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By Barry Rubin

The current debate over the roots of Islamist revolution, clashes in the Middle East, and conflicts between forces in that region and the West involves two critical issues of interpretation:

First, is there a threat to the West from groups whose members are Muslims or does the fault arise from Western policies and shortcomings which, if altered, would make any conflict disappear?

Second, if there is a threat does it stem from Islam as religion or Islamism as political philosophy?

It is important to understand that revolutionary Islamists do draw on mainstream, accepted, and sacred Muslim texts. Their argument has the potential to be just as “legitimate” in believers’ eyes as does the contrary view. At the same time, though, Islam as a religion is not the threat, even though it is the threat’s source and rationale.

The best image to use in order to understand this situation is neither to see the car’s driver (Islam) as inherently bad (as does the “Islam is the threat” camp) or inherently good but facing a would-be hijacker (the “Islam is a religion of peace” camp). A more accurate view is of a battle over the steering wheel by contenders who both have a claim to ownership. Both may be reckless drivers but the main danger is the Islamists, those who want to run us over and then drive the car and all its passengers over a cliff.

Islamism definitely draws on normative Islam and thus has wide appeal among Muslims. But, likewise, Islamism has many Muslim opponents who don’t accept it as their version of Islam.

There are many who do not want to accept the “Islam is the problem” argument because to do so is depressing (billions of people are against us!) or because it conflicts with their ideological assumptions (one cannot criticize any religion, or at least one that is not your own), or because it can be ridiculously labeled as “racist” (one cannot criticize anyone who isn’t wealthy or Western or “white.”)

These are fallacious arguments. But they don’t prove the “Islam is the problem” approach is correct, any more than do other fallacious arguments–that Islam is “really” a “religion of peace,” or that there is no threat, or that the conflict’s cause is Western sins—prove that revolutionary Islamism isn’t a danger.

Those who deny the nature of the threat often argue that when “properly interpreted” Muslim texts are not “really” radical, violent, and seeking political hegemony. However, one must quickly add that those “proper interpretations” are distinctly minority ones today, even if they predominated forty years ago.

The fact that Muslim texts do give backing to revolutionary Islamists does not mean that all or even most Muslims think that way. What it does reveal, though, is that unless they are going to hear counter-arguments, receive strong leadership by fellow Muslims, or enjoy Western support for fighting revolutionary Islamism they are more likely to think that way over time.

Most Muslims, even today, are not revolutionary Islamists. But in recent decades the current has flowed in that direction. I remember distinctly when a text like the Muhammad Abd al-Salaam Faraj’s book, The Neglected Obligation, calling for a revival of jihad, came out at the end of the 1970s, seemed so marginal. But the revolution in Iran took place in 1979. Then a small group of Egyptian jihadists assassinated President Anwar al-Sadat and launched a guerrilla war. Shortly thereafter, Faraj was captured and executed. Since then, Islamists have steadily gathered steam, despite an apparent decline in the late 1990s, and extended their power and support base.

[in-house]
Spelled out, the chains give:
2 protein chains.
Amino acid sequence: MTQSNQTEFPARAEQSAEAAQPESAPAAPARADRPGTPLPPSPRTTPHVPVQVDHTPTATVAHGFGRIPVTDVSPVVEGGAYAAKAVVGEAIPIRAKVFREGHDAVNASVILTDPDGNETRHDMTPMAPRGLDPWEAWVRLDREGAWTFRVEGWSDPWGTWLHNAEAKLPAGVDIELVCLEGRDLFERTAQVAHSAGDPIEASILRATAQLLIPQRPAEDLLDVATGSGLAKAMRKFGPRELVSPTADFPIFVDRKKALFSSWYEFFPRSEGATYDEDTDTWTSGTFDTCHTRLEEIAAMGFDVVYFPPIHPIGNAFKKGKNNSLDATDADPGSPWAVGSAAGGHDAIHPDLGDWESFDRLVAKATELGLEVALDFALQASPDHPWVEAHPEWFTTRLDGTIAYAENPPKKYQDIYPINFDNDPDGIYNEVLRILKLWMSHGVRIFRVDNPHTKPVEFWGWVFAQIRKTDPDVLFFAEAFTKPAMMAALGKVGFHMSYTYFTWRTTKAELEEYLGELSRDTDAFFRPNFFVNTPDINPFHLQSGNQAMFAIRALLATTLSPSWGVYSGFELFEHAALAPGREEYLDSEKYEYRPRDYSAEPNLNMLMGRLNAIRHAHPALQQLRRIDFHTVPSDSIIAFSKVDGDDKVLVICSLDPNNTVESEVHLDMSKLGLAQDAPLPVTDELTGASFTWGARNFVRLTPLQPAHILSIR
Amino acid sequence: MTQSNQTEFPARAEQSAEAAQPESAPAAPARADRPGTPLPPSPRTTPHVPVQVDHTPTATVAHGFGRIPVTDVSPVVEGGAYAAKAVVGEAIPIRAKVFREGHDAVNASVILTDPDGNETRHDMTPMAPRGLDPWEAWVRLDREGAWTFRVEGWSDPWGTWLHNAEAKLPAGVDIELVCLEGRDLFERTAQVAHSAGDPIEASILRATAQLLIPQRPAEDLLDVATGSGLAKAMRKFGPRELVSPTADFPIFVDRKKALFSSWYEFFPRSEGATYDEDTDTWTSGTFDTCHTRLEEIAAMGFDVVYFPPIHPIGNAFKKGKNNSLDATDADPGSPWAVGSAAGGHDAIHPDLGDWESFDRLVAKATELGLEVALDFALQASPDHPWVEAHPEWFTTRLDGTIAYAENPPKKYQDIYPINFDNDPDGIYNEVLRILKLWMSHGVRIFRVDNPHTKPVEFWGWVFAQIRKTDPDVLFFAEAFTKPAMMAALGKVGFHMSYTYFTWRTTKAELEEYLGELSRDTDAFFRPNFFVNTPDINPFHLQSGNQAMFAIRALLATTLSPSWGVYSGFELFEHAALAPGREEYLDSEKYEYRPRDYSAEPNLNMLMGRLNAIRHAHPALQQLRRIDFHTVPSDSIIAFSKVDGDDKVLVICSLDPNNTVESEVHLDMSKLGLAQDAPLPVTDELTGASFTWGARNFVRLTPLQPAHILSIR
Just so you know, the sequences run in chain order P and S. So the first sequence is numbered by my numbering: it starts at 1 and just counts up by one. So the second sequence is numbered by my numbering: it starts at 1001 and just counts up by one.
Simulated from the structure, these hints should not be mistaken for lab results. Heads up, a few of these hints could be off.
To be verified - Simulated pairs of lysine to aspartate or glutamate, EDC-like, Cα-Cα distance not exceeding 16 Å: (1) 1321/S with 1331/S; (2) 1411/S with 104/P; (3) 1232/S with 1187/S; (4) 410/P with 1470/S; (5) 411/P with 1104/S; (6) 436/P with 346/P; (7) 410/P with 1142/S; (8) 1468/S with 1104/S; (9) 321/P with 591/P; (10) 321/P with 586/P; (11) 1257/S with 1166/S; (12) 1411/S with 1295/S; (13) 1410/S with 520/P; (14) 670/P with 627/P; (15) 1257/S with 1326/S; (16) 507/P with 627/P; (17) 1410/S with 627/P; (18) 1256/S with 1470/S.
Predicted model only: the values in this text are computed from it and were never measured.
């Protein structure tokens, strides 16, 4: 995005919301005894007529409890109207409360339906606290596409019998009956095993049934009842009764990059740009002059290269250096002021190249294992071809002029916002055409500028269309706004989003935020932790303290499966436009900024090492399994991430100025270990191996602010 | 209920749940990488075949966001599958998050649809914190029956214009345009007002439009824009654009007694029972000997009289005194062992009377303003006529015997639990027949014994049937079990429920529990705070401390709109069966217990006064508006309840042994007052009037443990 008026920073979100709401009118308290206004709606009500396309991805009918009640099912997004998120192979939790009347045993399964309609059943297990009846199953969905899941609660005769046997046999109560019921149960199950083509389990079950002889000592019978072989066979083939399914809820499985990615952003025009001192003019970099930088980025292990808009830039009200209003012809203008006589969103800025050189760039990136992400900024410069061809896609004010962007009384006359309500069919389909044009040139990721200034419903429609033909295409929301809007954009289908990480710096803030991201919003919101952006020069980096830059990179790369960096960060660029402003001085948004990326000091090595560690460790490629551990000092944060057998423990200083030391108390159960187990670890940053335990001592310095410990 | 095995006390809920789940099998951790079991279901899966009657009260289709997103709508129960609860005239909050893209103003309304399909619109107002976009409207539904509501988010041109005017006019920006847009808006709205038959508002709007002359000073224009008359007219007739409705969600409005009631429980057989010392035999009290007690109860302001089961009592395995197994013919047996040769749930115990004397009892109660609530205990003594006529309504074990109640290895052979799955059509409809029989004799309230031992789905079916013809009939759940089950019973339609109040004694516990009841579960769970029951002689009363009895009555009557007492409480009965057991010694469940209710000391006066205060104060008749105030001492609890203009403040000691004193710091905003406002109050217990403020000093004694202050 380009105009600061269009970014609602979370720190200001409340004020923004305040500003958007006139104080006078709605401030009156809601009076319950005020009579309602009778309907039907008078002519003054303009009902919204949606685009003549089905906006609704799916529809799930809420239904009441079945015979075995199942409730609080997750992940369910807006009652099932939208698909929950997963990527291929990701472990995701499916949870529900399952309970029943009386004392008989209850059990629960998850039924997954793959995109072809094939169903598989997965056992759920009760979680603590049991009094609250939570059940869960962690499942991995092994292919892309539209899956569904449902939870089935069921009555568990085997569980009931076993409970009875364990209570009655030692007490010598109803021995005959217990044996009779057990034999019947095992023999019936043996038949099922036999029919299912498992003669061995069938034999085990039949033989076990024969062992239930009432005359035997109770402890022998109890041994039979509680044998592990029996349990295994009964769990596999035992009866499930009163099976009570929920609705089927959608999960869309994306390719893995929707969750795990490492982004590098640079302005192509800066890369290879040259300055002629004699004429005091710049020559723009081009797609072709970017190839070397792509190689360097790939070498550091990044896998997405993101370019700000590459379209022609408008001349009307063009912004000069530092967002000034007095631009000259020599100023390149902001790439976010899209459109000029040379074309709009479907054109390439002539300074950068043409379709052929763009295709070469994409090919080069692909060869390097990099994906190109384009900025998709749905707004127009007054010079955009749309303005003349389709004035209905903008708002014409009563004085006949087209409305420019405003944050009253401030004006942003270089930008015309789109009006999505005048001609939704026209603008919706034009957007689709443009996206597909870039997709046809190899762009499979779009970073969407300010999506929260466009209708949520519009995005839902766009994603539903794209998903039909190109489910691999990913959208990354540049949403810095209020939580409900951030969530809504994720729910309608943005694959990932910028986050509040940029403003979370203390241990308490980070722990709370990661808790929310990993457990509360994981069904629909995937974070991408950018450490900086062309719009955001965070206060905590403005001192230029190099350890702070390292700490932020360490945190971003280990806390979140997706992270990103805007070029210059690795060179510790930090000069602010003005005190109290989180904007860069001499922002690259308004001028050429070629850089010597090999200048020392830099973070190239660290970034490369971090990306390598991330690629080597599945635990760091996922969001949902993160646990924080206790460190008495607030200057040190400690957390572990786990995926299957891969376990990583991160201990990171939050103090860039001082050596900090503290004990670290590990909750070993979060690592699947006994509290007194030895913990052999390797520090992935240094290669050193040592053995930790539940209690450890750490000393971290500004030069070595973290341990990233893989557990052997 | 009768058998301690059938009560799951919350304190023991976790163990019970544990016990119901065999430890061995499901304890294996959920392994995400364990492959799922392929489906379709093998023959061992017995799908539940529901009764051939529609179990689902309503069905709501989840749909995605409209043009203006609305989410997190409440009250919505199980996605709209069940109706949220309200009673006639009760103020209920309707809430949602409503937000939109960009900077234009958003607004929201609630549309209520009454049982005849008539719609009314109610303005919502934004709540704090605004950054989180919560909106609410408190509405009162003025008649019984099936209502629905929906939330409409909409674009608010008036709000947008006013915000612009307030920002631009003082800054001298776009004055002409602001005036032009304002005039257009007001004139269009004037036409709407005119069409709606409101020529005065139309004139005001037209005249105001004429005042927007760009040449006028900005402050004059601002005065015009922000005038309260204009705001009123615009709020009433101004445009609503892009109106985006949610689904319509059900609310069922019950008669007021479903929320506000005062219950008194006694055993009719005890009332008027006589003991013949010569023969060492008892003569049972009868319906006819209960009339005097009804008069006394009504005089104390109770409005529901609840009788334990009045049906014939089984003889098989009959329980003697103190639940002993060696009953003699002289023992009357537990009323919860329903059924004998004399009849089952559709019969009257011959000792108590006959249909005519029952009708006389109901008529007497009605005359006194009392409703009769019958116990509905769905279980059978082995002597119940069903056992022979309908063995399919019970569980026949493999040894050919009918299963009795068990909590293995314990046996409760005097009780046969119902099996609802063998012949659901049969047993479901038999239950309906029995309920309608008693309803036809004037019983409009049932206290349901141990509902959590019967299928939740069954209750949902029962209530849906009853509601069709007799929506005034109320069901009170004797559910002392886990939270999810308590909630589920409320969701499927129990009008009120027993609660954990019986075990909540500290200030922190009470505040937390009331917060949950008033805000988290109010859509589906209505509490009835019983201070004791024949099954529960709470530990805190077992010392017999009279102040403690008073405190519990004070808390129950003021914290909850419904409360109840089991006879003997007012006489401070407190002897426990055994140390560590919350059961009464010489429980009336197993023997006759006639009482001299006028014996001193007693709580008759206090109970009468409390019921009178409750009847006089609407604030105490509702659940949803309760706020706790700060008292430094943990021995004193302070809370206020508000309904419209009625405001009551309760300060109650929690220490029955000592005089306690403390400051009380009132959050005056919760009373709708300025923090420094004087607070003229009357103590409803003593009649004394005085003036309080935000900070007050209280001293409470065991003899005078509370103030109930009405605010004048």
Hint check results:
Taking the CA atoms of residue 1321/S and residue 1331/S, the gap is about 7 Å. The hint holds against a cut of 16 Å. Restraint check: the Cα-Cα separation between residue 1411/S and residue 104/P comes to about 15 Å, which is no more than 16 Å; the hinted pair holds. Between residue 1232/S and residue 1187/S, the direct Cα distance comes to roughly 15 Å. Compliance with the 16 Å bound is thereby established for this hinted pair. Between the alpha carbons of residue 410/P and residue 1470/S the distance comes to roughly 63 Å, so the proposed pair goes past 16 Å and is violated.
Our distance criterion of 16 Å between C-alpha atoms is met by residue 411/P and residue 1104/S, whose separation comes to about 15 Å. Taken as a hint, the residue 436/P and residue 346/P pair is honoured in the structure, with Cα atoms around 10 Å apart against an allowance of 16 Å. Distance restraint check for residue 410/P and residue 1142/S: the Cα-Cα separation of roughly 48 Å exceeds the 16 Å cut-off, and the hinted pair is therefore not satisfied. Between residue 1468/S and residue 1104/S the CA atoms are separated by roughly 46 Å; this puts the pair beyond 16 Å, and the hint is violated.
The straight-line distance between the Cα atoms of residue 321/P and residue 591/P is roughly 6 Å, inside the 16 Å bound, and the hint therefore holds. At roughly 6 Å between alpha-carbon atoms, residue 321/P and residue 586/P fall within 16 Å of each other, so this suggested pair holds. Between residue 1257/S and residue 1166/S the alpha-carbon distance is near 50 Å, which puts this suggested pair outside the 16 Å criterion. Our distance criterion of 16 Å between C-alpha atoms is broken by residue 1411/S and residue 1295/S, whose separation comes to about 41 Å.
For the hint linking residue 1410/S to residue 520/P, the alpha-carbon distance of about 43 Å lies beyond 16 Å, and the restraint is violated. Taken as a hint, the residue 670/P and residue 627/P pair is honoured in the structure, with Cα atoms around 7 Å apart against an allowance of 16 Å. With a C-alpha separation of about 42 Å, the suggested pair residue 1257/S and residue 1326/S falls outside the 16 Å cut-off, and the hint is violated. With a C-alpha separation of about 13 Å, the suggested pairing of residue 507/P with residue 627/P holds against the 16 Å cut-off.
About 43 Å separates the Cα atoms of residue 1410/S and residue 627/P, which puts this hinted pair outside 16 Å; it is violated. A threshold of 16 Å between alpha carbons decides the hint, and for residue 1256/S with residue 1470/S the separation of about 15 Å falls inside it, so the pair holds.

The task of true moderate Muslims is to change the situation and make the moderate interpretations mainstream. They have a lot of work ahead of them and they are getting all too little support from the West.

Can they hope for success? Certainly. Christianity was an extremist religion in practice a thousand years ago and in some ways until a long time afterward. Of course, one can argue that its accepted texts are peace-oriented and that this religion’s founder—in contrast to Muhammad—opposed violence and a theocratic government. In making such an “obvious” (and factually accurate) argument, however, one must keep in mind that centuries ago such things were not considered obvious at all.

One can expect in the future—probably far in the future—Islam would still have the same founding texts yet will have developed to the point where moderate Islam dominates. That process could take in the Muslim majority world anywhere between 50 to 400 years or so. It is not likely to happen in our lifetimes and it is dangerous to expect otherwise.

Yet that doesn’t mean Islamism will triumph in the mean time. There are counter-identities and ideas among Muslims that block Islamism’s victory. They include the following factors:

–Individuality. People have different priorities and psychologies. They often tend (though less often than people in the West think) to want a stable life having the highest possible living standard and most benefits for their children. We see this does not always work (parents cheering their children becoming suicide bombers) but often does.